This is a lake with the largest reservoir capacity in Shiga prefecture. It is said that the lake formed from around 4,000,000 to 6,000,000 years ago and provided a water supply to those that lived in the area from the Jomon period. The name comes from the fact that the shape of the lake resembles a Japanese musical instrument known as the Biwa.
This is a shrine that is said to have been built in 5 BC. The shrine God is known as Sarutahiko no Mikoto, with the red/orange Torii gates appearing to float in Lake Biwa, which is known as "Itsukushima Shrine of Omi". It is a particularly good photo spot for photographers. The Torii gates were originally on dry land, but it is said that due to the increasing water levels of the lake, the Torii gates ended up being in the lake area.
This is a Tendai sect temple that was built in 619 AD under the instruction of Prince Shotoku. The objects of worship are Senju Kannon(1000 Armed), Juichimen Kannnon(11-faced) and Sho Kannon and is a hidden temple not normally well known. From the Lake Biwa coast up to the main temple hall there are about 800 steps, known as the "808 steps". The temple is said to bring long life as the pronunciation of the name "Choumei" which is the name of the temple, means "long life" in Japanese.
This is a shrine built in 91 BC. The western hall contains the main powerful God with the eastern hall contains the Mount Hiei guardian God. This is the main hub shrine of the 3,800 Hiyoshi, Hie and Sannno Shrines in Japan. There are numerous cultural items associated with monkeys, as they are considered as underlings to the shrine Gods. The area is also famous for autumn leaf viewing with around 3000 autumn leaf trees.
This is a temple of Tendai that was founded by Saicho in 788 AD. It is also registered as a World Heritage Site. Along with Mount Koya Kongobuji Temple, it became the centre for Heian Buddhism and a place of training for figures such as Honen (founder of the Jodo sect), Shinran (founder of the Jodoshin sect), Eisai(Founder of the Rinzai sect), Dogen (founder of the Soto Sect), Nichiren (Founder of Nichiren Sect). Because of this it is also known as the "Mother Mountain of Japanese Buddhism" and sacred buddhist teachings still continue to this day.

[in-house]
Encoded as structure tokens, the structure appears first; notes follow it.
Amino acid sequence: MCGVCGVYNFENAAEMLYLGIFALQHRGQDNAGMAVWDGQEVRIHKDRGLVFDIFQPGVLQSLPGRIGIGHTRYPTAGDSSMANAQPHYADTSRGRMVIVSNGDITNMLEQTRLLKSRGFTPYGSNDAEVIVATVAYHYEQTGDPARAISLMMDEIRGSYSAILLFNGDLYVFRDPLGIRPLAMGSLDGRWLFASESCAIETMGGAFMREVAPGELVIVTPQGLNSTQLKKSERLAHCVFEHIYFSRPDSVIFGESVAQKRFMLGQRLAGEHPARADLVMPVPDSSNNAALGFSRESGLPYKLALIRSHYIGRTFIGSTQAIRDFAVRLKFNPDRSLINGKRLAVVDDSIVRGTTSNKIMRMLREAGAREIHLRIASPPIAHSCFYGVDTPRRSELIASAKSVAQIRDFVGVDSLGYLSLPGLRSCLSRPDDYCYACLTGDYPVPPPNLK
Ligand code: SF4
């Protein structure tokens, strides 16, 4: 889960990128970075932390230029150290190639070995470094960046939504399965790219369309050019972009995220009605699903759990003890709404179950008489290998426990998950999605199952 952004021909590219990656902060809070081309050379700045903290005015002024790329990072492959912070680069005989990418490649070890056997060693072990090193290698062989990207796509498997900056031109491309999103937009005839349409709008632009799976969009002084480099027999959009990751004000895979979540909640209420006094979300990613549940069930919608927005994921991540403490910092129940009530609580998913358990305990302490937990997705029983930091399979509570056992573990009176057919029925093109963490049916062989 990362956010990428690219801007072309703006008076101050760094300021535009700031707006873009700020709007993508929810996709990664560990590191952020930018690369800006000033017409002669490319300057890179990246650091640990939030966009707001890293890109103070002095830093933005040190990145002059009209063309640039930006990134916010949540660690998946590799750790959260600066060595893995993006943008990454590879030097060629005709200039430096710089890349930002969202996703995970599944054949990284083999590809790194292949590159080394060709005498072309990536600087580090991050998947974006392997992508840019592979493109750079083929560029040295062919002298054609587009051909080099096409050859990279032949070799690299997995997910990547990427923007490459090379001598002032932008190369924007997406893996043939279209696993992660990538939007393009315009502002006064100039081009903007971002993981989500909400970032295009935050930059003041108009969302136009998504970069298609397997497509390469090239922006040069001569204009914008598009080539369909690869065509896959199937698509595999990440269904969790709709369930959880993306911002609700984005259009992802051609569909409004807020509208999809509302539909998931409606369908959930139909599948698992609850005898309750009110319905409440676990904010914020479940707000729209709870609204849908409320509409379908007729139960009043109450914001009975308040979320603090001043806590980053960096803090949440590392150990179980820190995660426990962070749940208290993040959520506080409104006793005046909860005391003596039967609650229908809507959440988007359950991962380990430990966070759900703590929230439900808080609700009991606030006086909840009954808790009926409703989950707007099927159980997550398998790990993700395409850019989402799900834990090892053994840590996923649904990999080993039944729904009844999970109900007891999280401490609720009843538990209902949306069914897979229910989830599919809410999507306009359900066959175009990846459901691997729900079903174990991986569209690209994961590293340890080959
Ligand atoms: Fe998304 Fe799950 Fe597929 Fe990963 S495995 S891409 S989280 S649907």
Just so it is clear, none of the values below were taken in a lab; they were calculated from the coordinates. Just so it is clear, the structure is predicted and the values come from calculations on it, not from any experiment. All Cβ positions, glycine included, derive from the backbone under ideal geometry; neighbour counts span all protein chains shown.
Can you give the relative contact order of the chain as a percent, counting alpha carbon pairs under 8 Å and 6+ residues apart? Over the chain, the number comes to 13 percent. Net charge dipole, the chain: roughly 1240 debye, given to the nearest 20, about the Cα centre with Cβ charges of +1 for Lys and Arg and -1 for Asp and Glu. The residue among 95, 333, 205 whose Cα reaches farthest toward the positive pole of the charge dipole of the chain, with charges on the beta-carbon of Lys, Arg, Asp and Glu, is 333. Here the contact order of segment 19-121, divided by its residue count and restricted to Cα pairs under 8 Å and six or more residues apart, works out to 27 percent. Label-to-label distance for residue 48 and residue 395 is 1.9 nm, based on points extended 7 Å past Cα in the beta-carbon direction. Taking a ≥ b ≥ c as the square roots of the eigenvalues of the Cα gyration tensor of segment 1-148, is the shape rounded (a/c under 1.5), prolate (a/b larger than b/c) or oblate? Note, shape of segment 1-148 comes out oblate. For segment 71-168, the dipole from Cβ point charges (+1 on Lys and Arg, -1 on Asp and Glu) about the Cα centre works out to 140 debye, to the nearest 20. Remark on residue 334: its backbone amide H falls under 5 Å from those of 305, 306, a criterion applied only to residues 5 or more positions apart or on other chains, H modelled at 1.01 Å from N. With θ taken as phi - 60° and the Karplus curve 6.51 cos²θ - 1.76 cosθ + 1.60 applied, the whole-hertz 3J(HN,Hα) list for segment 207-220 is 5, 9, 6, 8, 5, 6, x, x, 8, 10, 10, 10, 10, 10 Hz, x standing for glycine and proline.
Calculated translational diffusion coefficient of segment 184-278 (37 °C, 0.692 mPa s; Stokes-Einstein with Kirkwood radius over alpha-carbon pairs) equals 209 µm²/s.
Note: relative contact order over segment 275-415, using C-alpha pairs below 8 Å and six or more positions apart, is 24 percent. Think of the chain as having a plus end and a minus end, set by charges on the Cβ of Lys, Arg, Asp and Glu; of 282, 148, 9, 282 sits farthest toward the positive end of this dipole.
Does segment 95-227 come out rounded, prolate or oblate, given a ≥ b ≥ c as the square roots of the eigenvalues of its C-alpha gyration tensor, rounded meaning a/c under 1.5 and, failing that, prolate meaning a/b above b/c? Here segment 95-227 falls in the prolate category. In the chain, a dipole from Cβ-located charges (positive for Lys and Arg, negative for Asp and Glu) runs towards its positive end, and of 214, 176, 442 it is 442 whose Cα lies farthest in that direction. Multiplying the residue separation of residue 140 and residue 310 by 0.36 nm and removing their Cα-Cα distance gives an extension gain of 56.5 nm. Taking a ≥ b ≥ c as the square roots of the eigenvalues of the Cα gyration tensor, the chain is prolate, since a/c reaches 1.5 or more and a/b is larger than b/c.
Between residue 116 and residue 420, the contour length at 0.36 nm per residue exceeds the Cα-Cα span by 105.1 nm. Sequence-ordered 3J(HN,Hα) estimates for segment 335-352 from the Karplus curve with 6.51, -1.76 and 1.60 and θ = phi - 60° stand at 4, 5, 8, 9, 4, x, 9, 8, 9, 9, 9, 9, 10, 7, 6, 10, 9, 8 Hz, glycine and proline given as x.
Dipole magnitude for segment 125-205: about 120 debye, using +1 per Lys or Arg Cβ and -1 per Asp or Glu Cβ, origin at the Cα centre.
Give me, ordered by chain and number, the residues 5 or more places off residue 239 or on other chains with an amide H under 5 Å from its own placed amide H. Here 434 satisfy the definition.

This is the head shrine of the Kifune Shrine group, of which there are around 450 in Japan, although the construction date is unknown. The main shrine God was historically known as a rain God named "Takaokami no Kami", and worshipped as a bringer of rain and bountifulness. It is also said that drawings of horses were made on wood here, giving birth to the "Ema" which are the wooden plaques that one can see at many shrines with prayers written on them. Around 300 meters away from the main hall, one can visit "Yui Shrine", where there is another God that is said to bring destined couples together, known as Iwanagahime no Mikoto. The area is popular amongst couples.
This is a shrine built in 1940 to commemorate the 2600th year of the Emperor Jinmu, who was crowned in 660 BC. The temple God is known as Emperor Tenji, who made the trip from Asuka to Omi in 667 AD. After the Emperor Tenji wrote the Ogura Anthology of One Hundred Tanka‐poems by One Hundred Poets, it became a venue for playing Karuta (a variety of card games, normally played around new years). It is also the setting for the anime "Chihayafuru", and many fans of the anime make the pilgrimage here.
This is a temple that was built in the 7th century under the instruction of Prince Yota. It is the head temple of the Tendai-jimon sect. From ancient times, battles and conflicts were waged with Hiei mountain Enryakuji Temple, and was confiscated by Toyotomi Hideyoshi. It is known as the "Phoenix Temple" due to overcoming numerous hardships and being rebuilt each time. Starting with the main hall, the temple contains 10 national treasures and 42 items of designated cultural importance.
For 500 years between 1392 and 1869, the various generations of emperors lived here, where public ceremonies were held and administration took place. Originally, the place began as a small hall known as "Tsuchimikado Higashi no Toindono", but was expanded by Ashikaga Yoshimitsu, an important Shogun in Japanese history. It was established by Oda Nobunaga and Hideyoshi Toyotomi, to become the place as it is seen today. It ended as a place of government when the Emperor Meiji and royal family moved to Tokyo in 1869, and became open to the public from August 2016.
This is a Rinzai sect temple built by Ashikaga Yoshimitsu in 1397. Kannon Bosatsu is the main object of worship, and is registered as a World Heritage Site. The golden Shariden temple known as "Kinkaku" in the centre of the Garden is said to represent paradise in this world. In the Kyoko-chi Pond, there are several stone islands known as Ashihara-jima islandTsurushima islandKameshima island dedicated to the feudal lords who served Ashikaga Yoshimitsu, the Shogun whose home the temple was. Along with Ginkakuji Temple(Silver Pavilion), these two temples are the great symbols of the Muromachi era(1336-1573).